Merriam-Webster defines a "minnow" as...
  1. a: a small cyprinid, killifish, or topminnow   b: any of various small fish that are less than a designated size and are not game fish
  2. a live or artificial minnow used as bait
By this definition, pretty much any little fish that isn't a game fish could qualify as a minnow. The first part hints at biology, including cyprinids, killifishes, and topminnows... but leaves out the shiners, shads, and herrings which would probably be called "minnows" by most anglers. Carp are cyprinids, but I don't think anyone would call a 40 lb carp a "minnow"... well, except a biologist referring to it as a fish of the family Cyprinidae: the true Minnows. All this being said, what you consider a "minnow" is up to you... I'll continue to call a Logperch a "Logperch."

Logperch (Percina caprodes) from the Spring River, AR

Some of the "minnows" I have caught over the years have been quite impressive. In Tennessee, we have a fish called a Tarpon... that's right... the "Tennessee Tarpon." This fish is actually a Skipjack Herring (Alosa chrysochloris), but if you ever see one you will understand the local name. They look very much like a tiny Tarpon... particularly because of their projecting lower jaw. I have only caught one, and it was not on a fly rod. I caught it one evening while fishing the Tennessee River in Knoxville with ultralight spinning gear. I admit I had no idea what it was. I immediately went home to look it up in a book, and subsequently did a little online research to discover that people actually do target them (sometimes with fly rods) for sport... and as bait for catching monster catfish. The "Tennessee Tarpon" I caught probably weighed a little over 1 lb. The Tennessee state and IGFA World Record is 4 lb... now that's quite a "minnow."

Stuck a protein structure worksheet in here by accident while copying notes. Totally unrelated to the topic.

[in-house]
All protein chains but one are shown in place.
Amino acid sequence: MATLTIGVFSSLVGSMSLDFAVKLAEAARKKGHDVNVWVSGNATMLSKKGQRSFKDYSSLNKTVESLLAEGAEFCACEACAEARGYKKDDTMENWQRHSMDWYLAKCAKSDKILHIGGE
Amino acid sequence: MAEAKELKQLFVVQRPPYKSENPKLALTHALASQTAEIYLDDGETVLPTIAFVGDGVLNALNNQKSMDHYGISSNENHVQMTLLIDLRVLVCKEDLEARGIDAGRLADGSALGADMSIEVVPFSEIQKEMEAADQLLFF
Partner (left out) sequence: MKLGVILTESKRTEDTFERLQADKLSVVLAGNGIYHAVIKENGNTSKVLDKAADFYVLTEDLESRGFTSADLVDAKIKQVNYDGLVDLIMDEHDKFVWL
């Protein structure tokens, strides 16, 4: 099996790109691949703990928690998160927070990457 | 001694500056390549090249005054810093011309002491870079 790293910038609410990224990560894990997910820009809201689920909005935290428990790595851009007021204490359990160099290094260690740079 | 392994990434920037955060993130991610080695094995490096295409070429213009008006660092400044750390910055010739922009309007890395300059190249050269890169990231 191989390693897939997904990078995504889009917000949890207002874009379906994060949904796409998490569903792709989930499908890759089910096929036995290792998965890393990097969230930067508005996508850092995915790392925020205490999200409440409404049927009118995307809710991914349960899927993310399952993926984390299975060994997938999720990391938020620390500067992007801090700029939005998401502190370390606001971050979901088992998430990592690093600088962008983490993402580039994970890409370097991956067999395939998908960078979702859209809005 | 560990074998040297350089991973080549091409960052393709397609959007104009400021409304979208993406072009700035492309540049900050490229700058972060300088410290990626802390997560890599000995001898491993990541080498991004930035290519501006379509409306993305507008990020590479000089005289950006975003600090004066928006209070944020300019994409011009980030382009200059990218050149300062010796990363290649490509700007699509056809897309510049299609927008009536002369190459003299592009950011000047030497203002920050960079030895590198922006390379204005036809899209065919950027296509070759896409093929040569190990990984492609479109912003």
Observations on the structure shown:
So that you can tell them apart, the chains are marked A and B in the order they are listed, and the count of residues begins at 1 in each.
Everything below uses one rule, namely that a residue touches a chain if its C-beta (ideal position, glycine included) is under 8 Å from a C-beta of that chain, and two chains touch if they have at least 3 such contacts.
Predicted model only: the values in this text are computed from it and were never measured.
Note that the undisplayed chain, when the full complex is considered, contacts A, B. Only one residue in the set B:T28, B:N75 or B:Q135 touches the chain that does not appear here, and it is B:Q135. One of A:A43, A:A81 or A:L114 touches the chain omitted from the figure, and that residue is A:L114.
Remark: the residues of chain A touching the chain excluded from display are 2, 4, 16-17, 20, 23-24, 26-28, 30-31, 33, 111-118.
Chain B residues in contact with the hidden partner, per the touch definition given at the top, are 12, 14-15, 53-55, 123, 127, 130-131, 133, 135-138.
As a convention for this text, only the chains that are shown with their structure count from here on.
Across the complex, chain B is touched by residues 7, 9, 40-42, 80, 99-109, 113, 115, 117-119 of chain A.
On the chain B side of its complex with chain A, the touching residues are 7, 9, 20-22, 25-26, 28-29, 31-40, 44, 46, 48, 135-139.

One of my best "minnows" caught on the fly was a River Chub from Cypress Creek in Alabama. I considered it to be picture worthy because it put up such a good fight.